WASHINGTON Federal Reserve Board Chair Janet Yellen said Wednesday that the agency is examining ways to improve its implementation of the Community Reinvestment Act amid concerns that regulators are letting too many poor communities go unserved by banks.
Speaking at a press conference following the Federal Open Market Committee's two-day meeting, Yellen said that the central bank takes CRA compliance "very seriously" and added that regulators frequently meet with community organizers to seek out ways to meet their financial needs. But she added that the Fed is examining whether the rules implementing the law need to be improved.
"We take CRA very seriously and for those banks that we supervise, we have a set of guidelines and are very conscientious in attempting to evaluate CRA performance," Yellen said. "But we are looking at CRA and will continue to look to see whether there are ways in which implementation can be improved."
Yellen's comments come as riots in Baltimore in April and a tense standoff between the city of Ferguson, Mo., and its police department last fall has drawn greater attention to the structural causes of poverty in inner city and minority communities.
Lawmakers and community advocacy groups are pushing for the Fed and other regulators to overhaul the way they implement the CRA in order to incentivize greater investment in those communities and greater access to traditional banking services. Critics say the law has devolved into a rote compliance exercise that few banks fail and that lets poor and underserved communities fall through the cracks, while banks themselves say they are making meaningful contributions through the CRA and other means.
Sen. Elizabeth Warren, D-Mass., and Rep. Elijah Cummings, D-Md., sent a letter to the Government Accountability Office May 11 asking the agency to examine ways to use the CRA to "responsibly increase access to basic banking services."
Yellen also dismissed provisions in a recently introduced bill from Senate Banking Committee Chairman Richard Shelby, R-Ala. Yellen, who has criticized "audit the Fed" bills in the past, said that the bill's language to allow the GAO to examine the FOMC and other measures are redundant and unnecessary because the FOMC's interest rate-setting process is already highly transparent.
"I suppose I would ask, 'What exactly is the problem?' " Yellen said. "It is our priority on being an accountable and transparent central bank, and I think if you compare the transparency of monetary policy decisions in the Federal Reserve with other central banks, we are one of the most transparent central banks in terms of the information that we provide to the public in a variety of different ways."
Yellen also spoke broadly about the state of the U.S. economy, suggesting that she believes that sluggish growth in the early part of 2015 is "cyclical" and that she believes that wage growth in particular is poised to more closely match the relatively low unemployment rate of recent months.
She also said that the recent rebound in home sales has presented a double-edged sword to the economy, restoring wealth to many households that already own homes but pushing homeownership further out of reach for families looking to buy. But Yellen said that, even though housing is relatively affordable for qualified buyers, limited credit availability and dimmer economic prospects for young people are troubling long-term trends in the market.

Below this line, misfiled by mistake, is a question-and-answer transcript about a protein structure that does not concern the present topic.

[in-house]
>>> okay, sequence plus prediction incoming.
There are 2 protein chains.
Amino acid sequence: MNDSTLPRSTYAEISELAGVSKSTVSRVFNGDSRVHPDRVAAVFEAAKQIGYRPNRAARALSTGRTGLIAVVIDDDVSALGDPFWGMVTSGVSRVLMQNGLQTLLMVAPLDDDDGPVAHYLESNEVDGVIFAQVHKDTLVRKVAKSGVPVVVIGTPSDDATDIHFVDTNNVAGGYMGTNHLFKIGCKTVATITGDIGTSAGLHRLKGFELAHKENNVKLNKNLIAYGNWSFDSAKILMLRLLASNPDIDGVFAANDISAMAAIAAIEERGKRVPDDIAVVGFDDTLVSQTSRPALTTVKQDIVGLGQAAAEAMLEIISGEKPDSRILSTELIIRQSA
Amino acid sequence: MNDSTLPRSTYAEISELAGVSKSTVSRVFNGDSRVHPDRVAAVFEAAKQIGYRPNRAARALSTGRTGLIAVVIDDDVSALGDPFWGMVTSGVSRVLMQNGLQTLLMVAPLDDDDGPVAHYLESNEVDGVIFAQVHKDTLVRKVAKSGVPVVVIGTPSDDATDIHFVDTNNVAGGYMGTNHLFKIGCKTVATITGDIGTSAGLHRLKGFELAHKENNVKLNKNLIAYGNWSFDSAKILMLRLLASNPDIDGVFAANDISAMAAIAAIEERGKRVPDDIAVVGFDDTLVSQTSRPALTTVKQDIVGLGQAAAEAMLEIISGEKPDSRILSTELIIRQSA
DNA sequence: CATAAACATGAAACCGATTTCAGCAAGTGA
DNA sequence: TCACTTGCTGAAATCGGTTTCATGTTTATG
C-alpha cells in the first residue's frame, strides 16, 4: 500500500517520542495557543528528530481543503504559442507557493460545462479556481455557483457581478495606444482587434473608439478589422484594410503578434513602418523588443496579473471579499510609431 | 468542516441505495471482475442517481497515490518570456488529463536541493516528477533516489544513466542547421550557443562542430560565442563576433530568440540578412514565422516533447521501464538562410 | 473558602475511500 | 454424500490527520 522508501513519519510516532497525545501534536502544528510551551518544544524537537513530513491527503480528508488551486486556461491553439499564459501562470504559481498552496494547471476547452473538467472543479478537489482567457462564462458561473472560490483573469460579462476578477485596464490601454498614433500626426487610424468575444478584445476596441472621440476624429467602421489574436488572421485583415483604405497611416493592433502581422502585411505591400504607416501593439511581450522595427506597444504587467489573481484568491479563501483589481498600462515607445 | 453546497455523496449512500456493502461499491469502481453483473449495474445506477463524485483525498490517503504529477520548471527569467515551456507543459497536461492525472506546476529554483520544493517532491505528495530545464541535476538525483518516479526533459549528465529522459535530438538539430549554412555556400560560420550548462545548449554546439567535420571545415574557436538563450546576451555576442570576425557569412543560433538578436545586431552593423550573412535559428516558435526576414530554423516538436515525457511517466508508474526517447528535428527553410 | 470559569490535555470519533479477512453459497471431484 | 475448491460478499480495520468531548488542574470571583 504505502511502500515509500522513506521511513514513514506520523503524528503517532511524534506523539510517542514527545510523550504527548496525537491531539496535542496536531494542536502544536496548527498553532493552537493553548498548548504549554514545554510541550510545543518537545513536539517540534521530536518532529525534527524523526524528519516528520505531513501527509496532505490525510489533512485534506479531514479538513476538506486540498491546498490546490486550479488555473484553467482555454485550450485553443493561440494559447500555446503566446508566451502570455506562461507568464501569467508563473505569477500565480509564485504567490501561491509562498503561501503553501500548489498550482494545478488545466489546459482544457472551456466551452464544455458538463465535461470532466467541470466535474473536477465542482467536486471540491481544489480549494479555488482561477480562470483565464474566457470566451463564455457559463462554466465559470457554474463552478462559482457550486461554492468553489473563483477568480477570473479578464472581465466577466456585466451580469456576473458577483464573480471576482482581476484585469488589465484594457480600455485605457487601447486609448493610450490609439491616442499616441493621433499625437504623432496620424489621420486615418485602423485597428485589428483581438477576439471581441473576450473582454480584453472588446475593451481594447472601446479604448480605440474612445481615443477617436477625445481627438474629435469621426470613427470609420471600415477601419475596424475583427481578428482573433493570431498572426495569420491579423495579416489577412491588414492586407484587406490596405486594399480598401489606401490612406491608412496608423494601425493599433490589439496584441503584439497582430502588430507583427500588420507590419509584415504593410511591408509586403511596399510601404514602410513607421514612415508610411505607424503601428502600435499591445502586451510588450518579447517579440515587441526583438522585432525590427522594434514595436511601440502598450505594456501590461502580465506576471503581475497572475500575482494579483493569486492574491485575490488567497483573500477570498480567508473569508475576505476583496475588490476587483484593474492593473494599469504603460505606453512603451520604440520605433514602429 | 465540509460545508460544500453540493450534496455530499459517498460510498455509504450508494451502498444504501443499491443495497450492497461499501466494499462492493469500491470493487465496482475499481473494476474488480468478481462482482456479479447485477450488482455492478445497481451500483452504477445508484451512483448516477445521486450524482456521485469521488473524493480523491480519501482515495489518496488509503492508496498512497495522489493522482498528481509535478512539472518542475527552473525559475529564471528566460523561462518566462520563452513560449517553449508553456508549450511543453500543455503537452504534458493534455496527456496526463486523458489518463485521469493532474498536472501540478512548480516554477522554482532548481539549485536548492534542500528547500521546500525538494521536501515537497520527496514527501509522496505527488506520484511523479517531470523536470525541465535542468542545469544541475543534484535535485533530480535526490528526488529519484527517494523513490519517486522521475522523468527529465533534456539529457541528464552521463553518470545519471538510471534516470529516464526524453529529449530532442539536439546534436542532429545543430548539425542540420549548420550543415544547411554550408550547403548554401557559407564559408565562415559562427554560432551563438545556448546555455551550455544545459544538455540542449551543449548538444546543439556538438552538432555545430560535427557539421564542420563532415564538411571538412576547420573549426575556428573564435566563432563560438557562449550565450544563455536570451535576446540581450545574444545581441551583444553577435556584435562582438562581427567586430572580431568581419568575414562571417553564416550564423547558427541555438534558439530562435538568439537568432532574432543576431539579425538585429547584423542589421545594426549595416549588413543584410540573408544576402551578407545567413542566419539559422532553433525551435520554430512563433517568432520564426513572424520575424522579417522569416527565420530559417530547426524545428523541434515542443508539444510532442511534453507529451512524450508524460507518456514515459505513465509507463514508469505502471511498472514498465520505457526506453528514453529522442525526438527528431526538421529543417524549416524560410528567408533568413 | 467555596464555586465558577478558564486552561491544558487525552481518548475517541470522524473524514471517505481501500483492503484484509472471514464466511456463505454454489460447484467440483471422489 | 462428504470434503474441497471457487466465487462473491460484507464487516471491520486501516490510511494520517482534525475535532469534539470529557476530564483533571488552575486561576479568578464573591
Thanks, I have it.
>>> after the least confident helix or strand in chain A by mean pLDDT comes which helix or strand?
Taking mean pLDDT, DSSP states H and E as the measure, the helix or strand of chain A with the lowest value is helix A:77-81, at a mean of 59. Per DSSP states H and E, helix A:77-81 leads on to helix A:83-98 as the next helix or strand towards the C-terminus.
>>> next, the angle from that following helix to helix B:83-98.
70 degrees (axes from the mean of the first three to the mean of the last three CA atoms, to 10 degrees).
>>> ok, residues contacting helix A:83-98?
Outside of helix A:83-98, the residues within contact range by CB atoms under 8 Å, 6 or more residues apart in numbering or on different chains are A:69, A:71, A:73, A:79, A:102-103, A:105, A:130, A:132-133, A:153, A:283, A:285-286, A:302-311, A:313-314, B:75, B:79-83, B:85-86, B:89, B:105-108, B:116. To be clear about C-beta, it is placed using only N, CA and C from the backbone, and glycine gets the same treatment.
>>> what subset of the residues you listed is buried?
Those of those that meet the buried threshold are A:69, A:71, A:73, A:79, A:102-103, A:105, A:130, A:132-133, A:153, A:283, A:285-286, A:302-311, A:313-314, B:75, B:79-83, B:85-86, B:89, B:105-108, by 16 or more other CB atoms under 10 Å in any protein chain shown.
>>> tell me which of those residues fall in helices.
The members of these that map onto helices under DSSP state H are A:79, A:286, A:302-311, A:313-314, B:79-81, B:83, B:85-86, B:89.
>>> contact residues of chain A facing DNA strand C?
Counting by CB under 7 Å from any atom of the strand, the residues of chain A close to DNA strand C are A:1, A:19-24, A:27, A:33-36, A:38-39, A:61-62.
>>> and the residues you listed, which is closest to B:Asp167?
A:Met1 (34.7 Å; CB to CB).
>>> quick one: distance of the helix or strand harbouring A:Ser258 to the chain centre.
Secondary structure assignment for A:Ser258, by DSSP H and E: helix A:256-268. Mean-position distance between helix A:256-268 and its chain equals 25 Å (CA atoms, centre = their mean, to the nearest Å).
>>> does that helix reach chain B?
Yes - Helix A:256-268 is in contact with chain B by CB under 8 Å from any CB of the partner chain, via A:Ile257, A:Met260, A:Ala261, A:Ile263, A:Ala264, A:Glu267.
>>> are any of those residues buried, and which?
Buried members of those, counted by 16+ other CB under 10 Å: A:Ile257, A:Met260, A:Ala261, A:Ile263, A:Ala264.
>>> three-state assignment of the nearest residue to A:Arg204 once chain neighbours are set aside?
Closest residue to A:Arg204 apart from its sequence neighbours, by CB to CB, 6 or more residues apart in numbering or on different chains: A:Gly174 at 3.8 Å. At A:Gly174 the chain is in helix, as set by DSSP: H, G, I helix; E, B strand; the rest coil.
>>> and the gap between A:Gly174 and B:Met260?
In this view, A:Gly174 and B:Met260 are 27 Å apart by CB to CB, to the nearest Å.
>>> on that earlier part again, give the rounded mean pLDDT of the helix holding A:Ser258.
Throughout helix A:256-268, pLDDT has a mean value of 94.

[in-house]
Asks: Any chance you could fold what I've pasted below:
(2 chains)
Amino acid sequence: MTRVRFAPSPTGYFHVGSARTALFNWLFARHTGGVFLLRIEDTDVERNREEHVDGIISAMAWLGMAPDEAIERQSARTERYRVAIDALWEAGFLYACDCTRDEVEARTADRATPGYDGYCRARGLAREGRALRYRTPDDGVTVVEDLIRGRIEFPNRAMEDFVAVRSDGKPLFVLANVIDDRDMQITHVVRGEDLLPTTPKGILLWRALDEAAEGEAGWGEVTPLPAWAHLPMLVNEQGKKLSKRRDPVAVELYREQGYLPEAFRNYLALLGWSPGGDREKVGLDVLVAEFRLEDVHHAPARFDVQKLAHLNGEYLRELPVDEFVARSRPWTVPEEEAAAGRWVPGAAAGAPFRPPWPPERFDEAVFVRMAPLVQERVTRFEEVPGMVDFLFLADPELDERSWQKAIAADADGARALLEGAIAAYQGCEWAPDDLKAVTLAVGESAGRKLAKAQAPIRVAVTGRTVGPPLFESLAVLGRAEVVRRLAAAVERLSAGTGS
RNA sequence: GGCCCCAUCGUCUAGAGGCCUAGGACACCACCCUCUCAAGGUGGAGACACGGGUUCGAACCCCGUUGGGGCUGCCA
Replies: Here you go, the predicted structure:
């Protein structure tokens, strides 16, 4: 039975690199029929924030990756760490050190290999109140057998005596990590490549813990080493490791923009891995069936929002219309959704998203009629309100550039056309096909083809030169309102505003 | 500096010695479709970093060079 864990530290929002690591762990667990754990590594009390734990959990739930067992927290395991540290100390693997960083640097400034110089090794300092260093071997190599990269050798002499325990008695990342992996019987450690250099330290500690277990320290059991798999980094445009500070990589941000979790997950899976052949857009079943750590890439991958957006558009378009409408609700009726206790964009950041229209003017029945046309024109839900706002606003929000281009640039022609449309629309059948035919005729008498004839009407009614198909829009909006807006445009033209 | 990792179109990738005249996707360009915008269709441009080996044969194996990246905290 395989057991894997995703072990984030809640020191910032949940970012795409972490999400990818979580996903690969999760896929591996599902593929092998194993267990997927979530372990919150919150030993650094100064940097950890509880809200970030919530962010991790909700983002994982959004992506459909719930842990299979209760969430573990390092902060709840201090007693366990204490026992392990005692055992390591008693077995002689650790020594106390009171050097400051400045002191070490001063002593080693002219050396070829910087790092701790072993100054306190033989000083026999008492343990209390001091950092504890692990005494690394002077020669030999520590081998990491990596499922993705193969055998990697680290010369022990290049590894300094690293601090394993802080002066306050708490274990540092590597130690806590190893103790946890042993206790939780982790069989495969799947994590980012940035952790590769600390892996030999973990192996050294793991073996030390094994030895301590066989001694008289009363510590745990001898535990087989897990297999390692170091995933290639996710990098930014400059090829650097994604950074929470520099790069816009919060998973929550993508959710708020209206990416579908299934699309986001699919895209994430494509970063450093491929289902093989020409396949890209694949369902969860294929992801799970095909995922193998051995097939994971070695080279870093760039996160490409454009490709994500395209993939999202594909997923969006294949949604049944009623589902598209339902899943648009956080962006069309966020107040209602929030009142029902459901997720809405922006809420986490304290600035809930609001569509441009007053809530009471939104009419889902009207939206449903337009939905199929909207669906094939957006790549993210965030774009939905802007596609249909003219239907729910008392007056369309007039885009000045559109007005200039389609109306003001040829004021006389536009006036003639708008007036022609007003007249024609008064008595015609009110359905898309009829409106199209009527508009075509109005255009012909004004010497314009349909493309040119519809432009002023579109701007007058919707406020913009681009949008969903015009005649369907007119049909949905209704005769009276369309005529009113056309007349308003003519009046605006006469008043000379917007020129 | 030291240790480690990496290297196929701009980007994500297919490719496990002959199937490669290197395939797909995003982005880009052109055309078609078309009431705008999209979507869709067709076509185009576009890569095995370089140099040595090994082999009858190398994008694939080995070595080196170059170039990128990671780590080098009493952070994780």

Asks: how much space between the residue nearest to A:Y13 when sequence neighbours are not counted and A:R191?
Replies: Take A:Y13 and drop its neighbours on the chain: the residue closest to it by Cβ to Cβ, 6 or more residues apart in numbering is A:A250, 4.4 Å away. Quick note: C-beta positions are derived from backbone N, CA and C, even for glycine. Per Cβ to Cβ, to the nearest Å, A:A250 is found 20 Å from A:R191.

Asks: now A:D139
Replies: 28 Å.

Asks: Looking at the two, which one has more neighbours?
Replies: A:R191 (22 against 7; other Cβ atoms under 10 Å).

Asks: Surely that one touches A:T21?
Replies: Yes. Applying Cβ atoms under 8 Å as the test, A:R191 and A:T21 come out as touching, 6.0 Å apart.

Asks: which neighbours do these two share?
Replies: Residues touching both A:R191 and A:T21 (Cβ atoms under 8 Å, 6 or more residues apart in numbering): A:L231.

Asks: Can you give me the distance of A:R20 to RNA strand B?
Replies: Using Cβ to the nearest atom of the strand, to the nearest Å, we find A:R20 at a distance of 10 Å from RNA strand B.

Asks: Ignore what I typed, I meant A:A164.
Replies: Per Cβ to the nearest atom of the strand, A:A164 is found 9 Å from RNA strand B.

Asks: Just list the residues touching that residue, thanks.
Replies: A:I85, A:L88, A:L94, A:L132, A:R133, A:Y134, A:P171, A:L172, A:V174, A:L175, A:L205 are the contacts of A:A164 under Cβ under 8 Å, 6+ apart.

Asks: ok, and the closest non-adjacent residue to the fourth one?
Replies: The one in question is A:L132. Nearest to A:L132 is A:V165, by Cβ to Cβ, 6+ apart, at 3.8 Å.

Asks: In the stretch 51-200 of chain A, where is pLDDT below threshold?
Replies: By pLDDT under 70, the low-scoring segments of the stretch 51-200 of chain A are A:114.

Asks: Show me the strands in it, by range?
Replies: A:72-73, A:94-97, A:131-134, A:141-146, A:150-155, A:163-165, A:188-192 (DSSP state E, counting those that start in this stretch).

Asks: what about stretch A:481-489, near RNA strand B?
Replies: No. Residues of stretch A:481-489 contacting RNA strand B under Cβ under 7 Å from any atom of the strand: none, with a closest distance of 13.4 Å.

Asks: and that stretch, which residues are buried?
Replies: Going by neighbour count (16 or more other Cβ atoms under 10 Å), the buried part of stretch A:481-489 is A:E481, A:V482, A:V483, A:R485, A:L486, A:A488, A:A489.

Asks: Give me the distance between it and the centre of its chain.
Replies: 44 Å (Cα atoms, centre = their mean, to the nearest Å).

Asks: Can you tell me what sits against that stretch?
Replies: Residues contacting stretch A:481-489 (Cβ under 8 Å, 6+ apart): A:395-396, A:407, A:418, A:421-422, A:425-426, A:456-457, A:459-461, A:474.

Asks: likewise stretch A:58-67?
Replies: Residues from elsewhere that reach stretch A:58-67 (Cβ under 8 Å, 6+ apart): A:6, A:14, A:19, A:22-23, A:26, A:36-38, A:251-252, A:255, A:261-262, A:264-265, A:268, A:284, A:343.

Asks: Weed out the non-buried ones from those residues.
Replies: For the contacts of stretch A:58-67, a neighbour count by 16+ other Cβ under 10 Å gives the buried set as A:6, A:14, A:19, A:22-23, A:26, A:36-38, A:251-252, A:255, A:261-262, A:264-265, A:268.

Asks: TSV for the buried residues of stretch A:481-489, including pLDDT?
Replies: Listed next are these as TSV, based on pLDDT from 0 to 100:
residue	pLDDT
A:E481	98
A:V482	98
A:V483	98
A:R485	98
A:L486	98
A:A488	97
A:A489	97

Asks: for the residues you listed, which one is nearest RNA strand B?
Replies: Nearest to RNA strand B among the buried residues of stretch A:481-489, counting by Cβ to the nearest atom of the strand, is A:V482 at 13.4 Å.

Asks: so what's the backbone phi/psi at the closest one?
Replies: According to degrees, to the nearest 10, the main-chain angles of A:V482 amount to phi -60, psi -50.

"I think credit availability remains quite constrained," Yellen said. "And I think we are seeing quite a bit of reluctance given the job market for young people to buy homes."
During the FOMC meeting, the committee voted Wednesday to continue its years-long near-zero interest rate level, citing moderate improvement in economic fundamentals but persistent slack in the labor market and low inflation. Yellen said in a prepared statement that the rate may remain low for some time even after labor and inflation bounce back.
"The committee currently anticipates that, even after employment and inflation are near mandate-consistent levels, economic conditions may, for some time, warrant keeping the target funds rate below levels the committee views as normal in the longer run," Yellen said.
The committee revised its 2015 economic projections substantially, estimating the U.S. would experience only between 1.8% and 2% growth this year rather than 2.3%-2.7% after its March meeting. The committee seemed to think that the long-term prognosis remains relatively unchanged, with 2016 and 2017 growth estimates remaining relatively unchanged.
Projections for unemployment also rose slightly from March, with the committee estimating joblessness to remain stable at 5.2-5.3% this year, down from 5.0-5.2%. Longer-run estimates remained essentially unchanged, though a larger number of FOMC members thought that unemployment might creep up in the long run than in earlier meetings.
As in earlier meetings, 15 of the 17 committee members said they favor a rise in the federal funds rate sometime this year. But members' projections for how high the rate should rise this year has dropped from six months ago, when nine members estimated a rate of between 1% and 2% in 2015. All seventeen committee members said the rate would be below 1% after the June 17 meeting, though most members continued to favor a long-term target rate of between 3% and 4%.